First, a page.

People keep asking me why all these women have been so silent for so long. They blame the victims for keeping their mouths shut. While different women have different reasons, I can opine as to some of them. I think the major reason most women don't come forward is that we, as a society, tend not to believe them. Women who complain about sexual harassment at work are frequently demonized, mocked, called liars, and retaliated against. Women who take these cases to court have a tough time getting past a judge to a trial, and then have an even tougher time convincing a jury. In a he said-she said, we tend to believe the "he" over the "she."
Look what happens to the first woman (or even first few women) who reports sexual harassment against any famous person. She is almost universally ridiculed and vilified. To this day, Monica Lewinsky is a punch line and Anita Hill is still a villain to the right wing. Look at the women who first came forward more recently about Bill Cosby, Roger Ailes, Bill O'Reilly, and Harvey Weinstein. Read the comments as they are trashed and humiliated.
We have to do better. We, as a society, know this is happening and do nothing. Women, in particular, need to support those who come forward. Victims are told to be quiet or they will be destroyed.
The laws need to be stronger and less of a maze in order to protect sexual harassment victims. The trouble started with the Faragher and Burlington cases where the Supreme Court said victims had to report sexual harassment to HR or management under the company's sexual harassment policy and give the company a chance to fix the situation. If they didn't, they lost their right to sue.
Then there's the whole "severe or pervasive" standard that frequently makes a mockery of Title VII. For it to legally be sexual harassment, it has to be so severe or so pervasive that it alters the terms and conditions of your employment. Most women I know that a single boob grab is severe and alters tthe terms and conditions of your employment, but the courts disagree. And then some say "severe and pervasive" and impose even more difficult standards.
Don't believe me about how tough the courts are on sexual harassment victims? Here's one of my least favorite cases saying sexual harassers get four free gropes a year in the workplace before the company can be held liable. In Myers v. Central Florida Investments, Inc., 2006 U.S. Dist. Lexis 51504 (M.D. Fla.), here’s what the federal judge said about the case:
Additionally, from an objective standpoint, consideration of the factors noted above does not support severity or pervasiveness in this case. First, the harassing conduct, considered as a whole, cannot be said to have occurred with great frequency. Ms. Myers alleges ten to twenty touchings – mostly of her legs, but sometimes of her butt – over a period of approximately five years – two to four per year; thus, the touchings were infrequent. . . . In sum, considering the totality of the circumstances, from an objective standpoint the harassment did not rise to the requisite level of severity or pervasiveness.The case was reversed later, not because of the four gropes rule.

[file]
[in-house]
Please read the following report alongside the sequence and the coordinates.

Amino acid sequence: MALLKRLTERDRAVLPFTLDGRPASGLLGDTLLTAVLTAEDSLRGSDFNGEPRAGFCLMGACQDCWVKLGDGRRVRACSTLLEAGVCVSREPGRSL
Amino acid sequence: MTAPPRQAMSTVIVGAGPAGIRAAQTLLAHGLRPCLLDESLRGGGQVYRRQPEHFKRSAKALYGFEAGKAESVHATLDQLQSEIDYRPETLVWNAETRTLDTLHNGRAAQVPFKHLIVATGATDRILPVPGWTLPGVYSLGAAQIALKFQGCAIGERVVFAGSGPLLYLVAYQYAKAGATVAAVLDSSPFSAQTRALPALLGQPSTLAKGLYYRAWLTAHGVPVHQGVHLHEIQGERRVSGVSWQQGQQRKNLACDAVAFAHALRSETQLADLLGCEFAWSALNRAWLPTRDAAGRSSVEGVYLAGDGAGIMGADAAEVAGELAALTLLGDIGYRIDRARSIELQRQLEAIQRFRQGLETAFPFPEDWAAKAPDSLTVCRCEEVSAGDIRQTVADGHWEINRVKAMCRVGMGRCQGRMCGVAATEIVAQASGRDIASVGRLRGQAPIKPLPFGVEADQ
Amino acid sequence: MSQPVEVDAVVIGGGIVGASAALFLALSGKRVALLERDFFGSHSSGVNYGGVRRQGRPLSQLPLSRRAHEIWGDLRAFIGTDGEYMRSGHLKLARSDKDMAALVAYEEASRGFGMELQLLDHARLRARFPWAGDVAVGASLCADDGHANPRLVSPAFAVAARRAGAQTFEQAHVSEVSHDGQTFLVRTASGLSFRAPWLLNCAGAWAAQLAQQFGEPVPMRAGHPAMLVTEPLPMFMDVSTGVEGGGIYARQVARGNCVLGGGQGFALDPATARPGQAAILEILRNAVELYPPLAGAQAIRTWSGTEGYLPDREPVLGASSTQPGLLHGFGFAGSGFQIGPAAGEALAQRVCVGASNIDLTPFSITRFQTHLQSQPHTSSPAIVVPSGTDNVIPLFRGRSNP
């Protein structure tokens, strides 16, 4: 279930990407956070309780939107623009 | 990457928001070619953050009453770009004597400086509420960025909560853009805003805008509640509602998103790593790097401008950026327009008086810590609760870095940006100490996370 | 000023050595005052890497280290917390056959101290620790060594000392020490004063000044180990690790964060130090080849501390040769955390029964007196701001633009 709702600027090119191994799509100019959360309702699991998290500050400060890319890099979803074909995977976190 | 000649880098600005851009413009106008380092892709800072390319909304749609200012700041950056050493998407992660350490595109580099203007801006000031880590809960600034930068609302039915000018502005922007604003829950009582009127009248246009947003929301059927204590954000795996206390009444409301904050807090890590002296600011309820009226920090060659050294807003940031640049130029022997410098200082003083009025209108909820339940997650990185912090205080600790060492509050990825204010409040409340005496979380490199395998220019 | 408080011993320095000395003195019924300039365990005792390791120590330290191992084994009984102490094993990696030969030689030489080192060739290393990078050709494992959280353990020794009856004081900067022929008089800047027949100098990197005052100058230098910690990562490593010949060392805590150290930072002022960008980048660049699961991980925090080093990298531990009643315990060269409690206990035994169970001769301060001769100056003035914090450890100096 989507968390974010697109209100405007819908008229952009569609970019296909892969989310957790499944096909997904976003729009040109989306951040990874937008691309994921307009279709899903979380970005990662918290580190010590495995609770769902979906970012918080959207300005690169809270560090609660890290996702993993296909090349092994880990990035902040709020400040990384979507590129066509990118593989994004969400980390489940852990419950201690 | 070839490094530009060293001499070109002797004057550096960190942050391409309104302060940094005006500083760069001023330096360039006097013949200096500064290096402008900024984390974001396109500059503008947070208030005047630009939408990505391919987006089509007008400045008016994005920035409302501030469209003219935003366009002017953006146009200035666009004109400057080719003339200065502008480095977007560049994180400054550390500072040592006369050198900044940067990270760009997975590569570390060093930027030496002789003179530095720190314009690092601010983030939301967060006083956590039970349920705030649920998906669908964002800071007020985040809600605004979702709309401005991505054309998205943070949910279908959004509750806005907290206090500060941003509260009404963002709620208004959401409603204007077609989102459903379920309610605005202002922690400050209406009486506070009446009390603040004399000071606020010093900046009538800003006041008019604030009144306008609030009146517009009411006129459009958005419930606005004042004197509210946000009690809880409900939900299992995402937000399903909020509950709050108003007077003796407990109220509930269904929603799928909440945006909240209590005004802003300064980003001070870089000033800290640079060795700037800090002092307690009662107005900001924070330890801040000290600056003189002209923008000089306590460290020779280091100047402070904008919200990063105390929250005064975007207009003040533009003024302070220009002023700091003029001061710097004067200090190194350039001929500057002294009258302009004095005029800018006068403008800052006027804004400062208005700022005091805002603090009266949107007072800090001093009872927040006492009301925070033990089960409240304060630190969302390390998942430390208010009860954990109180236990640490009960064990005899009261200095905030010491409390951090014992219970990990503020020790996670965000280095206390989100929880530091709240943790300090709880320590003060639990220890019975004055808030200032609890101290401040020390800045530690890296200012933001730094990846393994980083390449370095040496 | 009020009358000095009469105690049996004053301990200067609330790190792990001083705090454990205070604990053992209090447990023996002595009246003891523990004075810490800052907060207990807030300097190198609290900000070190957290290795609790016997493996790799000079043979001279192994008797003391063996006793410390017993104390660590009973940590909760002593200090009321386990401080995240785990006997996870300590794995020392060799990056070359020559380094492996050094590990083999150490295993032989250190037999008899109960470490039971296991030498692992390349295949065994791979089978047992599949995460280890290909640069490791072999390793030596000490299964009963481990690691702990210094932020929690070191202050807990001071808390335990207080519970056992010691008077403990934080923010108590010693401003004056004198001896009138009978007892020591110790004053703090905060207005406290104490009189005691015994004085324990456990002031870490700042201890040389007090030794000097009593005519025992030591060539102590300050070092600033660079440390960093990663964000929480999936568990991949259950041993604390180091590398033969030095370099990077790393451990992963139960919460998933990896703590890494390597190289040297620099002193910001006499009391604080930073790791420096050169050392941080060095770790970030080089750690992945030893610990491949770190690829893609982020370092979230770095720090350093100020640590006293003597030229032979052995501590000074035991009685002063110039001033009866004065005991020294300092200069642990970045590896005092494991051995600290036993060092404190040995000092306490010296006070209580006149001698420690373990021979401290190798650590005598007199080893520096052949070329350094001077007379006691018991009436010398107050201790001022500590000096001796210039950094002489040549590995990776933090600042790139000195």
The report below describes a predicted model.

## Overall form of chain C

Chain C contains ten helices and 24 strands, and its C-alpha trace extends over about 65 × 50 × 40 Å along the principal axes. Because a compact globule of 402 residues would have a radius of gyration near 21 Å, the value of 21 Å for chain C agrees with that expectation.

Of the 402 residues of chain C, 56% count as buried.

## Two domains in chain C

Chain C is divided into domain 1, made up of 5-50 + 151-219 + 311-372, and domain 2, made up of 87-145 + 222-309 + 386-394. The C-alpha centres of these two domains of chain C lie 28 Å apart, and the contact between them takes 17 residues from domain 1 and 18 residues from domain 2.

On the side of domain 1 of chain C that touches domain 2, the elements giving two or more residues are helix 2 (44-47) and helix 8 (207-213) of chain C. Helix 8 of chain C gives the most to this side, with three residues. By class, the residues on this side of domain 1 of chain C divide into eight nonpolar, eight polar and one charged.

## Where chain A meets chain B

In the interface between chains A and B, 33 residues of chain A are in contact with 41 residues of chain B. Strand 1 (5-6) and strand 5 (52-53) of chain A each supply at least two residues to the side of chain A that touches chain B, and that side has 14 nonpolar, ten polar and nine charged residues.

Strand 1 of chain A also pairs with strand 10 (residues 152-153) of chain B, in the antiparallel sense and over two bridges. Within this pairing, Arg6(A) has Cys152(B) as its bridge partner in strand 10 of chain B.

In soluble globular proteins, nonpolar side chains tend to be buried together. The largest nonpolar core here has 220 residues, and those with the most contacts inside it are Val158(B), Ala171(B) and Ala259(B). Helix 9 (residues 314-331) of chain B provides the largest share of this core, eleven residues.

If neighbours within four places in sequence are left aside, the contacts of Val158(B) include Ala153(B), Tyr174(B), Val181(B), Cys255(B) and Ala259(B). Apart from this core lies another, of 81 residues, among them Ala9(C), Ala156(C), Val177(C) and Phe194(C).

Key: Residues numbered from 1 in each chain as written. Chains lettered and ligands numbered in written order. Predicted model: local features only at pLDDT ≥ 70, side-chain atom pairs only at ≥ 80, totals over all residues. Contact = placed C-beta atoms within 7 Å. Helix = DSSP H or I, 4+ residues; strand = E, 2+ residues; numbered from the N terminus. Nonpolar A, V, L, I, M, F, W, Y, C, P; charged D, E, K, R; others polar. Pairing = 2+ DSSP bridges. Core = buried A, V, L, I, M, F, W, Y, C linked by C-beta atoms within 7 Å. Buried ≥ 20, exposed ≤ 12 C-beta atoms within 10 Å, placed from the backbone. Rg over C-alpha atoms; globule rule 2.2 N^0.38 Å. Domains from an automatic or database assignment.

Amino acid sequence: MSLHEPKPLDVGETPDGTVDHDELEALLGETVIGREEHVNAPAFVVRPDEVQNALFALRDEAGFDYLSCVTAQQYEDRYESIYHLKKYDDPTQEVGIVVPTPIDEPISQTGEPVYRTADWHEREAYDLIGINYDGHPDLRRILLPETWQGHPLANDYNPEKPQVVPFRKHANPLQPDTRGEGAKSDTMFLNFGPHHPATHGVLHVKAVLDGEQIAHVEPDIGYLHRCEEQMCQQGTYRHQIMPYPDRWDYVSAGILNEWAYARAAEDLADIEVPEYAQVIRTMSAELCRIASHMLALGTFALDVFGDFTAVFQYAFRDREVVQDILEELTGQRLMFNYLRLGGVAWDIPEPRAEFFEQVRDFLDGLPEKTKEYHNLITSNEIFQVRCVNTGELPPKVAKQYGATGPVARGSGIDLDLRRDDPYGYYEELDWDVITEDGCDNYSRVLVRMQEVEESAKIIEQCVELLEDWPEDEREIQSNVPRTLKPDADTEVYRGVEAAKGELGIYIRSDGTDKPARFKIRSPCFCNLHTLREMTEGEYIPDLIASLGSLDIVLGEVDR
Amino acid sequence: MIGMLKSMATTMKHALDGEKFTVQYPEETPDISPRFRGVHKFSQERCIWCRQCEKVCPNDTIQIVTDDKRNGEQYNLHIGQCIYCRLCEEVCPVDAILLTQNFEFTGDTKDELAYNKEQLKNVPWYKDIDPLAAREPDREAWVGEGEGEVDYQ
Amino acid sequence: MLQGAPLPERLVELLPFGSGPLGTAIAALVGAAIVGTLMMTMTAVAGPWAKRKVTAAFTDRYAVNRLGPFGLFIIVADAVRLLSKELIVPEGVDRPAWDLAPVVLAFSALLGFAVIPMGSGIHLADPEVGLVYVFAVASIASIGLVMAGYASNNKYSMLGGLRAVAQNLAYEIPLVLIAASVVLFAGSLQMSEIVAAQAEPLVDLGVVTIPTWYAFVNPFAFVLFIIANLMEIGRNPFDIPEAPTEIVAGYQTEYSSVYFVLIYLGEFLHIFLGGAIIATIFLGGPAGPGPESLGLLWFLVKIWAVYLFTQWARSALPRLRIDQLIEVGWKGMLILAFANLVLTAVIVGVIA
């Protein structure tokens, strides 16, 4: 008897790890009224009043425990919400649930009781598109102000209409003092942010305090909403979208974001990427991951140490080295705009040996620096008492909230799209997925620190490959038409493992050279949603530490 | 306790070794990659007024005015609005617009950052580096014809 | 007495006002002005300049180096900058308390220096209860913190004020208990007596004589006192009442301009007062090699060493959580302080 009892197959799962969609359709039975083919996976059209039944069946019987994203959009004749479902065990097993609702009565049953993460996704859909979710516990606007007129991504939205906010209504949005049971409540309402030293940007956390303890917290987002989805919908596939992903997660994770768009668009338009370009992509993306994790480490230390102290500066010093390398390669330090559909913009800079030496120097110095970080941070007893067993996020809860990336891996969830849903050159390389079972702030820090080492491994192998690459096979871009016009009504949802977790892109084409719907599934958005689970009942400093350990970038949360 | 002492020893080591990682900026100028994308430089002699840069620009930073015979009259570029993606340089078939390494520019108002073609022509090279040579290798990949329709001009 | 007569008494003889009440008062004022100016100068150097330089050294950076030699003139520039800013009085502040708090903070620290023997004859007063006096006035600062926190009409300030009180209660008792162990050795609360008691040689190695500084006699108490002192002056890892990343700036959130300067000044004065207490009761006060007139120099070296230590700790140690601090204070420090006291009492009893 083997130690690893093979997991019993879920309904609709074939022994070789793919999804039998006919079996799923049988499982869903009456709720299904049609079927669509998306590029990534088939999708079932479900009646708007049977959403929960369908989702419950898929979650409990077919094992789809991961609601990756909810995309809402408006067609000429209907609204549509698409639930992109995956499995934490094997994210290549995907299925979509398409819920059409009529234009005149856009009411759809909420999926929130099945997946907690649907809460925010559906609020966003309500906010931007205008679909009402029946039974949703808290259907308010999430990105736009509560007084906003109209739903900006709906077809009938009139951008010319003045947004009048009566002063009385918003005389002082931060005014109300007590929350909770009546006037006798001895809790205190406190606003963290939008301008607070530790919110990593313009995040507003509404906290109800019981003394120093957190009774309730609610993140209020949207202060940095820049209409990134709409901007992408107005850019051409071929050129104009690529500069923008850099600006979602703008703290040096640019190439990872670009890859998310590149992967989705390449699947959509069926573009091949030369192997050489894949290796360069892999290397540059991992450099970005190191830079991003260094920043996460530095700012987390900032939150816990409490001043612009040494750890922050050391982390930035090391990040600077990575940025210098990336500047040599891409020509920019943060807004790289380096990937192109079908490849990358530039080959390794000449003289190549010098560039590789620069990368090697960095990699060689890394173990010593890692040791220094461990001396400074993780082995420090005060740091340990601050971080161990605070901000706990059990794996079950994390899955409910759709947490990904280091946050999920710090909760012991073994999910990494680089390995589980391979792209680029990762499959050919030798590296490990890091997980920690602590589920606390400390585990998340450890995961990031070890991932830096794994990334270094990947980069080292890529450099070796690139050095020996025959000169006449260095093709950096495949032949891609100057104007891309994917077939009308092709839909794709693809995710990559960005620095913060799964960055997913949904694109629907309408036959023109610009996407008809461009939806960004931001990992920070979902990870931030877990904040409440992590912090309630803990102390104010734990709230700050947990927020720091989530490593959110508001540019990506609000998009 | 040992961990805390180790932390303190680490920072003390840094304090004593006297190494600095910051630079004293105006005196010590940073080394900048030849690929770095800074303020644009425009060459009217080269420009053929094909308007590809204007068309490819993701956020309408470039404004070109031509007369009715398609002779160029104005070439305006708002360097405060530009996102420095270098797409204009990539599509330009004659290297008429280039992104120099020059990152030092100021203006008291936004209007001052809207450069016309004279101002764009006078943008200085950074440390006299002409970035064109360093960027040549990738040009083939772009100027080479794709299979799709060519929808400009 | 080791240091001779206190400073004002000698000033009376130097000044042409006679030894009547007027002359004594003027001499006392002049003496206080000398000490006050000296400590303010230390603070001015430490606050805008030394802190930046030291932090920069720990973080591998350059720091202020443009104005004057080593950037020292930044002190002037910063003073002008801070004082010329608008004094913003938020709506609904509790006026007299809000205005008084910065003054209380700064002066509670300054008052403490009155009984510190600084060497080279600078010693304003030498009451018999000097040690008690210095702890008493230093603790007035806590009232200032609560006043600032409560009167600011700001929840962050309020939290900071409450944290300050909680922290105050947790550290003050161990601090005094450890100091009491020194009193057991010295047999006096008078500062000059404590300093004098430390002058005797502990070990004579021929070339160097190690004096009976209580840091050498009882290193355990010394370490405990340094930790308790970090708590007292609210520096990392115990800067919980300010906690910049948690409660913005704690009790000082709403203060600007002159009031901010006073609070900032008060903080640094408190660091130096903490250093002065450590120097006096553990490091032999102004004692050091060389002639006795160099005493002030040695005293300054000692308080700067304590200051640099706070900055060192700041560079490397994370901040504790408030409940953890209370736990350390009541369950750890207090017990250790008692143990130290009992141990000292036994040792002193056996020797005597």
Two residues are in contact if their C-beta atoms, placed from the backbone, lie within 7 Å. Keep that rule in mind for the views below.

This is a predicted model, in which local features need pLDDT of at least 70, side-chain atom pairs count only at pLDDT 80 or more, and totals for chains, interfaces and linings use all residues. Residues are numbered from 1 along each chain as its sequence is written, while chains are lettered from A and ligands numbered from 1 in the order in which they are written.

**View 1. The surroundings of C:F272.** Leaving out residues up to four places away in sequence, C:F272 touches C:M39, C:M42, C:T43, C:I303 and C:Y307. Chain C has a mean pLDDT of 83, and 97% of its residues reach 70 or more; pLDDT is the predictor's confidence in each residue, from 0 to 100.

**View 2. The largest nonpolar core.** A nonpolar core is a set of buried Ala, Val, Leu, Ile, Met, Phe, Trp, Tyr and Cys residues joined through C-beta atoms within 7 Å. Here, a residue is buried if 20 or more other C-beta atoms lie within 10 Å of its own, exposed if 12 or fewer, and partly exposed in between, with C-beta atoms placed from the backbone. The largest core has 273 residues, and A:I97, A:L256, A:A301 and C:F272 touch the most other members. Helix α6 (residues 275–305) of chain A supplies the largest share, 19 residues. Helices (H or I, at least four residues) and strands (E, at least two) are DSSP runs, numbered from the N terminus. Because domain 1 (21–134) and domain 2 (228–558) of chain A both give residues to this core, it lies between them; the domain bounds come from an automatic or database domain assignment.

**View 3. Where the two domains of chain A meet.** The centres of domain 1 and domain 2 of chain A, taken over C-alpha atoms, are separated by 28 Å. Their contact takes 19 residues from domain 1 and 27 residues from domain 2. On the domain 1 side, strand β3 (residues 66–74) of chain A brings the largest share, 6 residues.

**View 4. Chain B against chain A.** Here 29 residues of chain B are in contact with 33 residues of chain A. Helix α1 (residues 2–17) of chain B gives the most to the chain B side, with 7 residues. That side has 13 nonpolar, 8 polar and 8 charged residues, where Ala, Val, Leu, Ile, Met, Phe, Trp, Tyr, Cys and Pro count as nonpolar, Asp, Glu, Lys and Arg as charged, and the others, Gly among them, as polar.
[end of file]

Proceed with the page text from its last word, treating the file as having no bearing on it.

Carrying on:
Sure, things have gotten better for sexual harassment victims with President Obama's judicial appointees, but that's about to change again with the slew of Trump appointments. We'll have to rely on Congress and state legislatures to change the law if we want to protect sexual harassment victims better, and that won't happen anytime soon.
Because of #metoo, I thought I'd share just one of my own sexual harassment stories. When in college, I took a job that was posted in the college career office. I was an art model. Yes, nude. But it was for an older man (oh, hell, he was probably the age I am now or younger) and I was in his house. His wife was in the house at all times I was there. I thought I would be safe because the college referred me and because of the wife being there. Yet, midway through our sessions, he decided to do a double boob grab from behind as I was getting dressed. I was probably 19 or 20. I didn't know squat about the law, but I knew it was wrong. I also knew he was my ride back to the college so I pushed his hands away and stayed quiet. I was terrified of what might happen if I screamed.
After he dropped me at the college, I reported the incident to the college career office. I asked them to remove his listing. They refused. They saw that it was an art modeling job and then discounted everything I said after that. They clearly didn't believe me or care. They gave me the impression they assumed I asked for it. This was a women's college that was supposed to be all about empowering women. Yet they ignored my plea. They kept his posting at the college, and I assume he continued to be a sexual predator. He actually begged me to come back and let him finish the painting. I refused, of course.
While this wasn't my only sexual harassment story, it was probably my worst because I felt utterly betrayed by my college. I believe they would have a different reaction now if a student reported something similar. At least, I hope they would.
Since Anita Hill, I think some folks woke up and realized that sexual harassment was a real thing. Now, every time there's a big story, some more people wake up.
Who knows? Maybe one day I won't have to handle sexual harassment cases anymore because employers will know the law and take prompt action to protect the victims. Nah.